All told, more 344,835 immigrant laborers arrived during 1850 - 1950 period. The reported numbers of labor immigrants include Koreans (6,925) Chinese (45,064), Japanese (140,457), Pacific Islanders and Filipinos (127, 450), Russians (110), Norwegians (615), Germans (1,279), Italians (84), Portuguese (14,670), Spanish (2,299), Austrians (372), Puerto Ricans (5,200), and Americans (300). 

The historic building represents a transition in the process of those immigrants as the United States annexed Hawaii as a territory in the late nineteenth century. The U.S. first built an expansive structure to handle immigration in 1905. Included in the new building was a special matrimonial room where more than 14,000 Japanese girls (from 1907 - 1923) first met their Japanese husbands living in Hawaii for whom they had been married by proxy while still in Japan. The present structure opened its doors in 1934 on the site of that original 1905 building. 

The building, designed by Dickey of Maui enjoys his unique style of tiled, double-pitched, hipped "Dickey roof" composed of wide eaves, which became quite popular on the islands. As well, many features such as the aforementioned Chinese-accented porch area spoke to the desires of A. E. Burnett, longtime District Director of Immigration, who imagined the building would pay tribute to Hawaii's ethnic diversity and also serve as a model for other stations across the nation.

Despite Burnett's desires, World War II put a damper on his dream of the building serving as a welcoming center for immigrants. During the war, the station functioned as a detention station used by the U.S. Army and FBI. In the wake of the Pearl Harbor bombing, the U.S. agencies arrested individuals on the FBI's custodial detention list. Some accounts of the experience are anything but pleasant; Nisei physician Kazuo Miyamoto stated that he witnessed 180 men get packed into a dormitory fitted with only two toilets at the Immigration Station.  He also noted that military police armed with bayoneted rifles guarded the prisoners twenty-four hours per day. 

 Newspaper editor Yasutaro Soga described the precarious nature of mealtimes during the war: "At mealtimes, we lined up single file and were led to a backyard under the strict surveillance of military police. Anyone who stepped out of line came face to face with the point of a bayonet. At the entrance to the yard, each of us got a mess kit and food. Then we sat down on the ground and ate. Although there was a covered rest area nearby, we were forbidden to use it. Even if the ground was wet or it had begun to rain, we were forced to eat sitting on the ground...Of course we had to wash our own utensils. After we returned to our room, a few of us were called in turn and ordered to clean our area and the toilets."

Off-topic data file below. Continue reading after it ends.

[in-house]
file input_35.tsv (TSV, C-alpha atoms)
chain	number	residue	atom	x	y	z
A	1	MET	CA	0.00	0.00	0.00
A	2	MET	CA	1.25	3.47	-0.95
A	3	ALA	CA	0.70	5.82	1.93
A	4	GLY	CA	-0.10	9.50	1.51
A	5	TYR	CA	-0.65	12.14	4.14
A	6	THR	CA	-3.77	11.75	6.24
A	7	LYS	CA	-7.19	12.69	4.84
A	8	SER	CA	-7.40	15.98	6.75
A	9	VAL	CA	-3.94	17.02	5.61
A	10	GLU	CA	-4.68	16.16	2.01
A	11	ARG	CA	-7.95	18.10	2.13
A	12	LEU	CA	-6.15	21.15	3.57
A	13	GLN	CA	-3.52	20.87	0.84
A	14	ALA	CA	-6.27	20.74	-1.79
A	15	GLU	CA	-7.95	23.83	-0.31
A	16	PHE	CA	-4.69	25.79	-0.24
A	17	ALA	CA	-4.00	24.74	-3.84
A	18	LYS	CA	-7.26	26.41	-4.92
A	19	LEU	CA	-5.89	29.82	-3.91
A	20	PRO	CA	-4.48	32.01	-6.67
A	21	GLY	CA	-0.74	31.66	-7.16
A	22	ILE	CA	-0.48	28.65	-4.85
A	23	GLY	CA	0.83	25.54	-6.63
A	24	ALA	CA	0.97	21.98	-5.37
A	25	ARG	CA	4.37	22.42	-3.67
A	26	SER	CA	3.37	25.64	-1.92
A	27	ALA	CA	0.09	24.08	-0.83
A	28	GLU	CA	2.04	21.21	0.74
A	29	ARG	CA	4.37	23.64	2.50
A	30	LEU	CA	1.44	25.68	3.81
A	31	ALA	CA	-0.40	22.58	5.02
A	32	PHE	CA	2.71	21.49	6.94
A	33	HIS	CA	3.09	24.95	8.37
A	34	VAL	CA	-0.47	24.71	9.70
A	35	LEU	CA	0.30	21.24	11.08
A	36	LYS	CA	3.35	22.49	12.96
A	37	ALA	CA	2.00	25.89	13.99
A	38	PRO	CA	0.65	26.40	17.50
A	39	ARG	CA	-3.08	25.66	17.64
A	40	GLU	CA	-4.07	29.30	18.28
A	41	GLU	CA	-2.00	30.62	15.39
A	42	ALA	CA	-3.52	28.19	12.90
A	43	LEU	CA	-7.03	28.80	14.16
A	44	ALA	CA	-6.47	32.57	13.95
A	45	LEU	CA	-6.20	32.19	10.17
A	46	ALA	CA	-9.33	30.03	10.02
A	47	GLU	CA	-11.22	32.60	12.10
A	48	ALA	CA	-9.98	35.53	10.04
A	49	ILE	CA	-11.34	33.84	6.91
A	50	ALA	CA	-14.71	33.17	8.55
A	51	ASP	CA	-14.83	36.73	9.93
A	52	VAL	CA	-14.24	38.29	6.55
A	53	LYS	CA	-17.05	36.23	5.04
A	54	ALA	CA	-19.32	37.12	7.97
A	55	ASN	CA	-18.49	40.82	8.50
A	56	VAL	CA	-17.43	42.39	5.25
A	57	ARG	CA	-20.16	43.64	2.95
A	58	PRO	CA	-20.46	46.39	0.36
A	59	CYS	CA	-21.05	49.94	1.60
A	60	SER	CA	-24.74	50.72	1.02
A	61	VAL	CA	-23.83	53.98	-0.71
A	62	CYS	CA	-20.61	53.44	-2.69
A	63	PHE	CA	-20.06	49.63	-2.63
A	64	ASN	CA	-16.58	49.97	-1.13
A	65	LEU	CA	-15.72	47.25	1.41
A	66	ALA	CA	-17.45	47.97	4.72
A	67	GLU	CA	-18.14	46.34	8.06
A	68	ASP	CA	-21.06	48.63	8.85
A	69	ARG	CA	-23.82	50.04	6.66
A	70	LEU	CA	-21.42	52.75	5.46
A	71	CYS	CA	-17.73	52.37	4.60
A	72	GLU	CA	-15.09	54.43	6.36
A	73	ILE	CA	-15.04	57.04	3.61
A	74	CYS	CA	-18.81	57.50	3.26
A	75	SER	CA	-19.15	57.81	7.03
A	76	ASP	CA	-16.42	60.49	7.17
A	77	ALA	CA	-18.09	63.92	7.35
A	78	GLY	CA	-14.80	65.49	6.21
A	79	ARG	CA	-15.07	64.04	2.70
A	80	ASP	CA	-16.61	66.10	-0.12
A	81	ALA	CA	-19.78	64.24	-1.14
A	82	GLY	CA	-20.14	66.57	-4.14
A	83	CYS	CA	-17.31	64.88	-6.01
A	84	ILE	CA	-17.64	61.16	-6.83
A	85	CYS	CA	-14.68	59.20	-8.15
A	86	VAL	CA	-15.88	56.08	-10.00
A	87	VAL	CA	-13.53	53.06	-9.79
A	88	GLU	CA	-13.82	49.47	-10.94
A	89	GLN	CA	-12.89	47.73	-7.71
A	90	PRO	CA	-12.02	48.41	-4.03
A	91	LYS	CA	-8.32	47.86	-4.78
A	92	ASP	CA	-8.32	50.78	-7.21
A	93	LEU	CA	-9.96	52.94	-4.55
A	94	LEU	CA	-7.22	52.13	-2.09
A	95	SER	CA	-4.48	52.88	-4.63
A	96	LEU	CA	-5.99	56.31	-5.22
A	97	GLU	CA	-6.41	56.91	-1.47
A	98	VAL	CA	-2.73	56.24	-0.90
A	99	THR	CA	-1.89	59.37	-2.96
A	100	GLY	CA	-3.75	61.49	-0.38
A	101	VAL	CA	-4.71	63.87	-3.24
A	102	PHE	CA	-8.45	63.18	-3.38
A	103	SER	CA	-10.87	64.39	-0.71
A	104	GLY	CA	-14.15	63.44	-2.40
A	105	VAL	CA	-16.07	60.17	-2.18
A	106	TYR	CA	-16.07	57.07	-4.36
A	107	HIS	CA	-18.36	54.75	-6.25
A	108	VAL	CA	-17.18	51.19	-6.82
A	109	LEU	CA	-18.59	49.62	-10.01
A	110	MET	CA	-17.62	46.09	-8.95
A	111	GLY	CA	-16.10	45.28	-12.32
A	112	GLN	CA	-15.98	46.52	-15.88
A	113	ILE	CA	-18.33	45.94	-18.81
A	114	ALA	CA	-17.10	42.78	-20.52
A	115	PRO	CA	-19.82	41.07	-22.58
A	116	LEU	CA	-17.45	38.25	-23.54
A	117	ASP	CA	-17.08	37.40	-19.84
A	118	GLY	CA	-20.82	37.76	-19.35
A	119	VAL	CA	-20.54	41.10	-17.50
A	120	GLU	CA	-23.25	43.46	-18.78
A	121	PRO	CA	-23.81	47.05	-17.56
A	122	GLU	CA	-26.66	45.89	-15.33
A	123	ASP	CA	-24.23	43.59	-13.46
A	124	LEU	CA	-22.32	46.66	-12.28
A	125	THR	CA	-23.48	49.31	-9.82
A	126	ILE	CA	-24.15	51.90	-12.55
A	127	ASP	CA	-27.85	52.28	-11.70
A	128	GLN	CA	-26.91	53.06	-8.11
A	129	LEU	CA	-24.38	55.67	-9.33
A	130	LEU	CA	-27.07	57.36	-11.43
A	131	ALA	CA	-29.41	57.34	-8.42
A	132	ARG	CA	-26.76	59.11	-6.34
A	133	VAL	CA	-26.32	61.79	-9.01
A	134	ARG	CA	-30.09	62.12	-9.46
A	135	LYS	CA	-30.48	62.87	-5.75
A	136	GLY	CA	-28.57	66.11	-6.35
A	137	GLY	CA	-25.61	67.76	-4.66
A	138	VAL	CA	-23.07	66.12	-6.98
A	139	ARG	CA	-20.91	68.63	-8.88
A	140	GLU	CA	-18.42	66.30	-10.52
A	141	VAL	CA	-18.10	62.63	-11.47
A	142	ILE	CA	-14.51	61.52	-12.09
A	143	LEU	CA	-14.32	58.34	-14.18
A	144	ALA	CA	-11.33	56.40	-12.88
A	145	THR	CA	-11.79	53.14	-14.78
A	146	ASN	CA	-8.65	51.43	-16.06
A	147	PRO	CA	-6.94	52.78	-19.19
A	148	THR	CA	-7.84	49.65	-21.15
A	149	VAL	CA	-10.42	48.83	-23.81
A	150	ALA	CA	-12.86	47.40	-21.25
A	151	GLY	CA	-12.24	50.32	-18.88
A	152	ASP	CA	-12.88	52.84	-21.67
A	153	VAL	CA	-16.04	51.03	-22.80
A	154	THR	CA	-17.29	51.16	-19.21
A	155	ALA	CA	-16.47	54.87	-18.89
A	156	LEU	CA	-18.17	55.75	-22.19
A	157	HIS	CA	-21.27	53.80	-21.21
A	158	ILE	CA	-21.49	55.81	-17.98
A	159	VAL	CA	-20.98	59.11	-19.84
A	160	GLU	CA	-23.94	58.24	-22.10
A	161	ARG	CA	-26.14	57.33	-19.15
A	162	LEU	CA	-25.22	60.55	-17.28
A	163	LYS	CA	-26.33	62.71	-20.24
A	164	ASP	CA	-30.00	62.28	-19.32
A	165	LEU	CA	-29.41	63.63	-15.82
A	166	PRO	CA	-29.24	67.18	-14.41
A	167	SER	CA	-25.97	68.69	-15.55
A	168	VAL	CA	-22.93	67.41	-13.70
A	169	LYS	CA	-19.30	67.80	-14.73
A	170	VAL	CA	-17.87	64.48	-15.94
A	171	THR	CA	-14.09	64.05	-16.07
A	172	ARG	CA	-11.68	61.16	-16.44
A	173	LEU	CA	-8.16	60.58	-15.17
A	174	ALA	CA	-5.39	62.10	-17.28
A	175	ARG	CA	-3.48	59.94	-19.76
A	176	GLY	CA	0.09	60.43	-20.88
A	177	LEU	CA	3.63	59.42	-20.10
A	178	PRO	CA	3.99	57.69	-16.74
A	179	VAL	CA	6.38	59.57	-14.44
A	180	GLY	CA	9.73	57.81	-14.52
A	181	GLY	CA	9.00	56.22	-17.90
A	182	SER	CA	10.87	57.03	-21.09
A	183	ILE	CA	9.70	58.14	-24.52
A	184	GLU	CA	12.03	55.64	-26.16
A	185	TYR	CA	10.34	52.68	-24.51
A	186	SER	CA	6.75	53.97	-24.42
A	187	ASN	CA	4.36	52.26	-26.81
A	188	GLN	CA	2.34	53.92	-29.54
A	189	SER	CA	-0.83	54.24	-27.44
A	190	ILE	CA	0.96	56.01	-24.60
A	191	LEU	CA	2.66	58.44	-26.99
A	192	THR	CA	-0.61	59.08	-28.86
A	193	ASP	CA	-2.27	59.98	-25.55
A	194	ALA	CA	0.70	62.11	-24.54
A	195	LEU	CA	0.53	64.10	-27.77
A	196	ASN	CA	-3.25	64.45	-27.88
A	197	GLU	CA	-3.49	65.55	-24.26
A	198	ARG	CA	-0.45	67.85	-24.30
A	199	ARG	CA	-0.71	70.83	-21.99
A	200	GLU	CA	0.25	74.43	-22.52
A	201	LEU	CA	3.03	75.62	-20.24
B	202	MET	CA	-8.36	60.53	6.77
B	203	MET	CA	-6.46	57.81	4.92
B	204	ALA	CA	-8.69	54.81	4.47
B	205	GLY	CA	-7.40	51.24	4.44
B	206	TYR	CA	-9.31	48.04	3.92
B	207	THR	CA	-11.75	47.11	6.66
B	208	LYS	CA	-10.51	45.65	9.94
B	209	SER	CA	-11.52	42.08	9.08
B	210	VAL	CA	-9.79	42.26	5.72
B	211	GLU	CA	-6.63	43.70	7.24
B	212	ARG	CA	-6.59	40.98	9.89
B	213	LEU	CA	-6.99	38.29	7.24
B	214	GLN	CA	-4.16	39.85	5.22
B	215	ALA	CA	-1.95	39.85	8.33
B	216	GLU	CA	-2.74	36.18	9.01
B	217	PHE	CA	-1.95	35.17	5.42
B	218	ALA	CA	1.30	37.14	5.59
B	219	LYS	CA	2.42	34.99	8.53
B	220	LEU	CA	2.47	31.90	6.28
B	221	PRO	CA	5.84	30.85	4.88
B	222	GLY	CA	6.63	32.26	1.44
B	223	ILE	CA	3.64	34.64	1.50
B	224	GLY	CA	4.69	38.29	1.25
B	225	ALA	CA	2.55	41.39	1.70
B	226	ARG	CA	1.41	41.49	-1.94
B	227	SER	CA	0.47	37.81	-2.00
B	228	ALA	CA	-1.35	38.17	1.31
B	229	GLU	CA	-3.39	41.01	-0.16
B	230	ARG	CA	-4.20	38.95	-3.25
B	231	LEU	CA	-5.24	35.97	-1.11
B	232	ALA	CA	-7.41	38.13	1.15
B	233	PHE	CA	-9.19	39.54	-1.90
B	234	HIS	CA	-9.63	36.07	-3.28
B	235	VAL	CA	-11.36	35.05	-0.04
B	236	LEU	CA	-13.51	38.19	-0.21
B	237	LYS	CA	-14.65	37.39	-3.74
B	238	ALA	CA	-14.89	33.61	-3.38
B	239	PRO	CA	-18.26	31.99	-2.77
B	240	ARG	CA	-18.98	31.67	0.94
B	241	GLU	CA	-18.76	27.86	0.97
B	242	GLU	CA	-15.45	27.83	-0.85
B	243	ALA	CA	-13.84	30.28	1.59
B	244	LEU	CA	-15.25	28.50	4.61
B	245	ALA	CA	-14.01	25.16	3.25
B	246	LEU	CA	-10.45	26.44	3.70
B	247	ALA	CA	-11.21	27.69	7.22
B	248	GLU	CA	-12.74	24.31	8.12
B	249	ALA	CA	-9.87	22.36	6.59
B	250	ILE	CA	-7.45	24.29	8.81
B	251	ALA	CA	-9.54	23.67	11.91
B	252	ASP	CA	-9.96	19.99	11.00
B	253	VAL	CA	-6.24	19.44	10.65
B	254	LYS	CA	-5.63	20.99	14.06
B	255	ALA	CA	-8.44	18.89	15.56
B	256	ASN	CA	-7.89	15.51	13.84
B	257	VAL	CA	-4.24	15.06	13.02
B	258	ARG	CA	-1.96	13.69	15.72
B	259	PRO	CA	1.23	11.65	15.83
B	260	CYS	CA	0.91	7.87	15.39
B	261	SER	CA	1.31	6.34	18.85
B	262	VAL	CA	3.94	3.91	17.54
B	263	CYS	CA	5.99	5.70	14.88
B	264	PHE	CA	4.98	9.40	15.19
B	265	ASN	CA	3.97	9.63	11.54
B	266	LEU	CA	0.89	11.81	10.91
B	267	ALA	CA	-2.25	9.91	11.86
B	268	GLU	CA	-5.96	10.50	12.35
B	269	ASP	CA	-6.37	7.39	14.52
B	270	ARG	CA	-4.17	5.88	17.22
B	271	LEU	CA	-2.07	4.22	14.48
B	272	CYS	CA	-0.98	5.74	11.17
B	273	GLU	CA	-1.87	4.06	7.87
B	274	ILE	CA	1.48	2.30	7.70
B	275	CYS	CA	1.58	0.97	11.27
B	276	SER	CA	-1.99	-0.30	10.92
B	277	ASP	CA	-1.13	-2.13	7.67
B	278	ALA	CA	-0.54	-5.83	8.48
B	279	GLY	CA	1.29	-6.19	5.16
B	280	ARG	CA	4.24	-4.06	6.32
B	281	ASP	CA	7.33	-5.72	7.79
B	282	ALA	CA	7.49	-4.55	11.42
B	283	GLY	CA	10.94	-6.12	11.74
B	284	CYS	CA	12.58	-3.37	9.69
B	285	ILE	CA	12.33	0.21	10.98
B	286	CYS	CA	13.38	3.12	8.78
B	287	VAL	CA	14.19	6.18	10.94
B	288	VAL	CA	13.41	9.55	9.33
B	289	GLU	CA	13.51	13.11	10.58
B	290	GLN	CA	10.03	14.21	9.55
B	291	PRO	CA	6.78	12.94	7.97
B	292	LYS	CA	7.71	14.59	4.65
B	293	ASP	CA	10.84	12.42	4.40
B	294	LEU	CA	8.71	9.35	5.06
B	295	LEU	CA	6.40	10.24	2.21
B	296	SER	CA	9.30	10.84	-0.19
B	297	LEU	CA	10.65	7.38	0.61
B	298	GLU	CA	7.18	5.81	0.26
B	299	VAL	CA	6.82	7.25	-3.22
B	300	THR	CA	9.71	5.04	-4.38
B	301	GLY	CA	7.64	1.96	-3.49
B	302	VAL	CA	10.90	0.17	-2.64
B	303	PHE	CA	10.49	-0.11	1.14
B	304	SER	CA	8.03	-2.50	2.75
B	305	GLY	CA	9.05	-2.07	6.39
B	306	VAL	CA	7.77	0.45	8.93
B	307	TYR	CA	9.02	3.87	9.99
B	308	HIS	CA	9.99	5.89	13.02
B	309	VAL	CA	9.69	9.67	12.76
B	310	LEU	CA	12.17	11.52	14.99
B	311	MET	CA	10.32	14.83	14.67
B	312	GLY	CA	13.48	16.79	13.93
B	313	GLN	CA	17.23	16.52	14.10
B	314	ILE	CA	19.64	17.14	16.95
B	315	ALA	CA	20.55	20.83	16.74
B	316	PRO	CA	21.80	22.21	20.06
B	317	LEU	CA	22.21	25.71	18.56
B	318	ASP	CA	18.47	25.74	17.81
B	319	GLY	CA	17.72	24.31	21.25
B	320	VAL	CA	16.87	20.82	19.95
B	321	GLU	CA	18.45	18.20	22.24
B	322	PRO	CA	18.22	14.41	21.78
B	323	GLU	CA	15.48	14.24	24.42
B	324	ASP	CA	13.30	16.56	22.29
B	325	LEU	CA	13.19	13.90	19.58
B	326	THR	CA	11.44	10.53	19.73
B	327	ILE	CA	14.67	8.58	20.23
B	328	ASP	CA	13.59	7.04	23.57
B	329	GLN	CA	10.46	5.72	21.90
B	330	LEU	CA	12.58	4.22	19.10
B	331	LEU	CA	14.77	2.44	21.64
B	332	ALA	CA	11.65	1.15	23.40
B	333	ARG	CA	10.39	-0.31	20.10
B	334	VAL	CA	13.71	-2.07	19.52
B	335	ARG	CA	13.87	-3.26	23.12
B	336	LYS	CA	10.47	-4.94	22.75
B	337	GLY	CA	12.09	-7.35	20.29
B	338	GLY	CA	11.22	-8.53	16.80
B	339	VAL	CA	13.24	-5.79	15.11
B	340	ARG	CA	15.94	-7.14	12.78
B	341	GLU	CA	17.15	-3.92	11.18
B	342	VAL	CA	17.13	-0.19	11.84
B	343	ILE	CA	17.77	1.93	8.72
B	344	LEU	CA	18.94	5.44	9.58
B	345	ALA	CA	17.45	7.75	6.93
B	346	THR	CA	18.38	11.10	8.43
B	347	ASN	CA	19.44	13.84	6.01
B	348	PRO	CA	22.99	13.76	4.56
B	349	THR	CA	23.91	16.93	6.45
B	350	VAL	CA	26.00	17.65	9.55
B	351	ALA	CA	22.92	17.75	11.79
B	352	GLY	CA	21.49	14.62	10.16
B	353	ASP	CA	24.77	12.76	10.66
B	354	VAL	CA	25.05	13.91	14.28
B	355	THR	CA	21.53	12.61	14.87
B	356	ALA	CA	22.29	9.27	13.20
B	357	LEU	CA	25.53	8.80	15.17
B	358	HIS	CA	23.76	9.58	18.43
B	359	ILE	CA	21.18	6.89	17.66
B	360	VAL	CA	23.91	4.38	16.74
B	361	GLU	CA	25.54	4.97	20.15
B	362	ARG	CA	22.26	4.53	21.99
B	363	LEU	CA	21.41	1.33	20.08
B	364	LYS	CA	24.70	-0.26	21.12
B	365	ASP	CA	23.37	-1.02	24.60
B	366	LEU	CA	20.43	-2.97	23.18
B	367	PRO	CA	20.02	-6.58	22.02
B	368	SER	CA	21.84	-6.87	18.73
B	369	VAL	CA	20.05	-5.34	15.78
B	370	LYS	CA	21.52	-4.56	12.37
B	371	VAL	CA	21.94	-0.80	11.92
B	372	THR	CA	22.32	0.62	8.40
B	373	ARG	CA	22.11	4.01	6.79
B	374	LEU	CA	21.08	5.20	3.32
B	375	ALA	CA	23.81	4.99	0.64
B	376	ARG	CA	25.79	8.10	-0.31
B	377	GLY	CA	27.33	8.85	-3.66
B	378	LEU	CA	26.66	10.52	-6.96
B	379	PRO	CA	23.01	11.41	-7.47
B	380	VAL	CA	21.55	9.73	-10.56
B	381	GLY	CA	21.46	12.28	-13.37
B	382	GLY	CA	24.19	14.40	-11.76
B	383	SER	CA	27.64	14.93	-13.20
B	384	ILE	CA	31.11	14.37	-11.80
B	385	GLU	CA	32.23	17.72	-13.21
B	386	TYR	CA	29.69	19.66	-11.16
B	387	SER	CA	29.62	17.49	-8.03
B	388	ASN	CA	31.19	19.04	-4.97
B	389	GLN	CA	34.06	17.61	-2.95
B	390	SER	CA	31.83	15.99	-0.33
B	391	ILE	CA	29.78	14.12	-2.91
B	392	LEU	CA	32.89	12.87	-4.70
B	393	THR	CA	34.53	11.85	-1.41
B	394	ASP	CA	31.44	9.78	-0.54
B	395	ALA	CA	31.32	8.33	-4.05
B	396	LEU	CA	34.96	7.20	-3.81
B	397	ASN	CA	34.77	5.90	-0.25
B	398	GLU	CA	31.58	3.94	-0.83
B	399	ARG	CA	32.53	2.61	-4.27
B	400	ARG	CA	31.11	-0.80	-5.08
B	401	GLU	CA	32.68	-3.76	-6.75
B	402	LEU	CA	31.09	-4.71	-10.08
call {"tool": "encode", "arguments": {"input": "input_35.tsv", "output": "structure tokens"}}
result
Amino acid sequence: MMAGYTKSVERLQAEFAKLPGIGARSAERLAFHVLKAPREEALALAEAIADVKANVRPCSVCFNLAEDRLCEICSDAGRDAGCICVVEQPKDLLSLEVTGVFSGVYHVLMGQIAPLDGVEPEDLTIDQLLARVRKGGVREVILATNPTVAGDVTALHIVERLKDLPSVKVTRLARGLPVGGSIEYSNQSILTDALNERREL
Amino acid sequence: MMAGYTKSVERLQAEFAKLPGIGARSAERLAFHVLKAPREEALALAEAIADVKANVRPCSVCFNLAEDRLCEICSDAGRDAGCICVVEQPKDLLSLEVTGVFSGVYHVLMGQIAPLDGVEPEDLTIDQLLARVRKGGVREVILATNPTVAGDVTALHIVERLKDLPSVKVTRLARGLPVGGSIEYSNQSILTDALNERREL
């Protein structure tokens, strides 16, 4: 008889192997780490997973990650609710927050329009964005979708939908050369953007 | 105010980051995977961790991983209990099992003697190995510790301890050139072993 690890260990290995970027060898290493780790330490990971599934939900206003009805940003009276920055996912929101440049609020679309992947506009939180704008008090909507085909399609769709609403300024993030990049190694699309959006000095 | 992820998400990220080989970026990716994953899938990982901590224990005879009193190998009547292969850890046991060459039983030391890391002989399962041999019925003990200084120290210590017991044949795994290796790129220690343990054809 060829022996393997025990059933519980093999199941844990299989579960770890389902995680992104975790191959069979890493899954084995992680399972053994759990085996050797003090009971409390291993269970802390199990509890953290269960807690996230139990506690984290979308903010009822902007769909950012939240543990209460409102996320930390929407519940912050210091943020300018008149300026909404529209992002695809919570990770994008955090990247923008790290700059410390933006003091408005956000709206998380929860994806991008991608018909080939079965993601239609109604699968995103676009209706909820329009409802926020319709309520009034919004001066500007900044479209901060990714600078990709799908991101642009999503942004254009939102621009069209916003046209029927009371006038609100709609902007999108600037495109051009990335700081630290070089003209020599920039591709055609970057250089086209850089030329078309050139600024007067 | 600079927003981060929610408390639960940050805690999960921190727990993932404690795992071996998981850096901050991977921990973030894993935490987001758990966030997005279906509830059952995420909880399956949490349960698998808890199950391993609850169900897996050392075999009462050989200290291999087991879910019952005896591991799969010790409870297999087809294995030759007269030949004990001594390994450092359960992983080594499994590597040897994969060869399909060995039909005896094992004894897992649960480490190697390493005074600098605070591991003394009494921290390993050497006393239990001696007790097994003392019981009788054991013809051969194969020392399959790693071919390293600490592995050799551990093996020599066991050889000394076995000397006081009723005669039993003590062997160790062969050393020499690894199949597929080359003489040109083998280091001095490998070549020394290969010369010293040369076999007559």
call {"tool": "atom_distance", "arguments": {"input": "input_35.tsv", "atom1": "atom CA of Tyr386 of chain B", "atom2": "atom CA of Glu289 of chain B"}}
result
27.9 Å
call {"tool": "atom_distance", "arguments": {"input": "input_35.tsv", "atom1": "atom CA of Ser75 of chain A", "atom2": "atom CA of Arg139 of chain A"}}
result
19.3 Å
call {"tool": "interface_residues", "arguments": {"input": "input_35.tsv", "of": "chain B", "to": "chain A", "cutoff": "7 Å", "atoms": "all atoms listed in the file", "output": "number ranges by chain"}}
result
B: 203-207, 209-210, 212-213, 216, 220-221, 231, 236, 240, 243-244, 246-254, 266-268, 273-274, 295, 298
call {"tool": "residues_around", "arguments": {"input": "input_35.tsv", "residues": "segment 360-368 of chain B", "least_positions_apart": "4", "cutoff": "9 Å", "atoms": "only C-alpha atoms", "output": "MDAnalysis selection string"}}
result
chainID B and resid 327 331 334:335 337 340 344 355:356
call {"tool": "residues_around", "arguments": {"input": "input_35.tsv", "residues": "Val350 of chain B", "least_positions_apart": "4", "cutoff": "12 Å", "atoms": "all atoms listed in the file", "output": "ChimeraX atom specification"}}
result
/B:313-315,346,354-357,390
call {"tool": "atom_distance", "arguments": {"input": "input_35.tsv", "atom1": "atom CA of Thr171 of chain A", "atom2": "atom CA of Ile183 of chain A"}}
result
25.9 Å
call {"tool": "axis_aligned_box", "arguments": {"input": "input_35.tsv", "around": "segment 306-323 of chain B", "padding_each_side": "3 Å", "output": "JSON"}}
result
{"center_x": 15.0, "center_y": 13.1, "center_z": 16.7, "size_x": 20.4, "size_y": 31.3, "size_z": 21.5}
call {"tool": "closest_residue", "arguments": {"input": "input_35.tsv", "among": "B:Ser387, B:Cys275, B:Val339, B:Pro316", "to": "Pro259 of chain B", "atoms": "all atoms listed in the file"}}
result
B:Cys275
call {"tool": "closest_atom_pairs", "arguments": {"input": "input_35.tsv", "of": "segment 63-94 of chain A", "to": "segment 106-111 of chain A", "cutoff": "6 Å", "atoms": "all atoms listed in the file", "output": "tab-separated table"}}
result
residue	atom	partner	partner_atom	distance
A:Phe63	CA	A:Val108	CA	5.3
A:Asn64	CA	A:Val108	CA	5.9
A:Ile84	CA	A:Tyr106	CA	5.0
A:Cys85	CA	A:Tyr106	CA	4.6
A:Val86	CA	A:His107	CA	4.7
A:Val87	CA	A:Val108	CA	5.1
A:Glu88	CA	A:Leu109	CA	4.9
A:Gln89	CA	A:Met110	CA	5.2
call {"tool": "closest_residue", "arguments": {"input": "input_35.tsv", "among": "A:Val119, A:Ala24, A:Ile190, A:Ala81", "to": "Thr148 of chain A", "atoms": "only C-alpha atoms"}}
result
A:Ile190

Many of the prisoners were then sent to Sand Island and other incarceration centers on the U.S. mainland for the duration of the war.

Fox, Robert M. and Dorothy Riconda. "Nomination Form: U.S. Immigration Office." National Register of Historic Places. August 14, 1973.

Haines, Frank S. editor. Architecture in Hawaii: A Chronological Survey. Honolulu: Mutual Publishing, 2008.

"History of Labor in Hawaii: The Maka‘āinana, Ancient Hawai‘i to 1850." Center for Labor Education & Research University of Hawai‘i - West O‘ahu. Accessed March 10, 2019.

Nakamura, Kelli. "U.S. Immigration Station Administration Building, Honolulu (detention facility)." Densho Encyclopedia. Accessed March 10, 2019.,%20Honolulu%20(detention%20facility)/ 

Neil, J Meredith. "The Architecture of C. W. Dickey in Hawaii."  Accessed February 1, 2019. The document's original publication and location is unknown at the time of citing this. However, the document is located at numerous academic institutions (libraries) and J. Meredith Neil served as an Associate Professor of American Studies at the University of Hawaii during his career.

Takaki, Ronald. A Different Mirror: A History of Multicultural America. New York: Back Bay Books, 2008, 1993. 

Photo Source

Immigration Station: By Joel Bradshaw - Own work, Public Domain,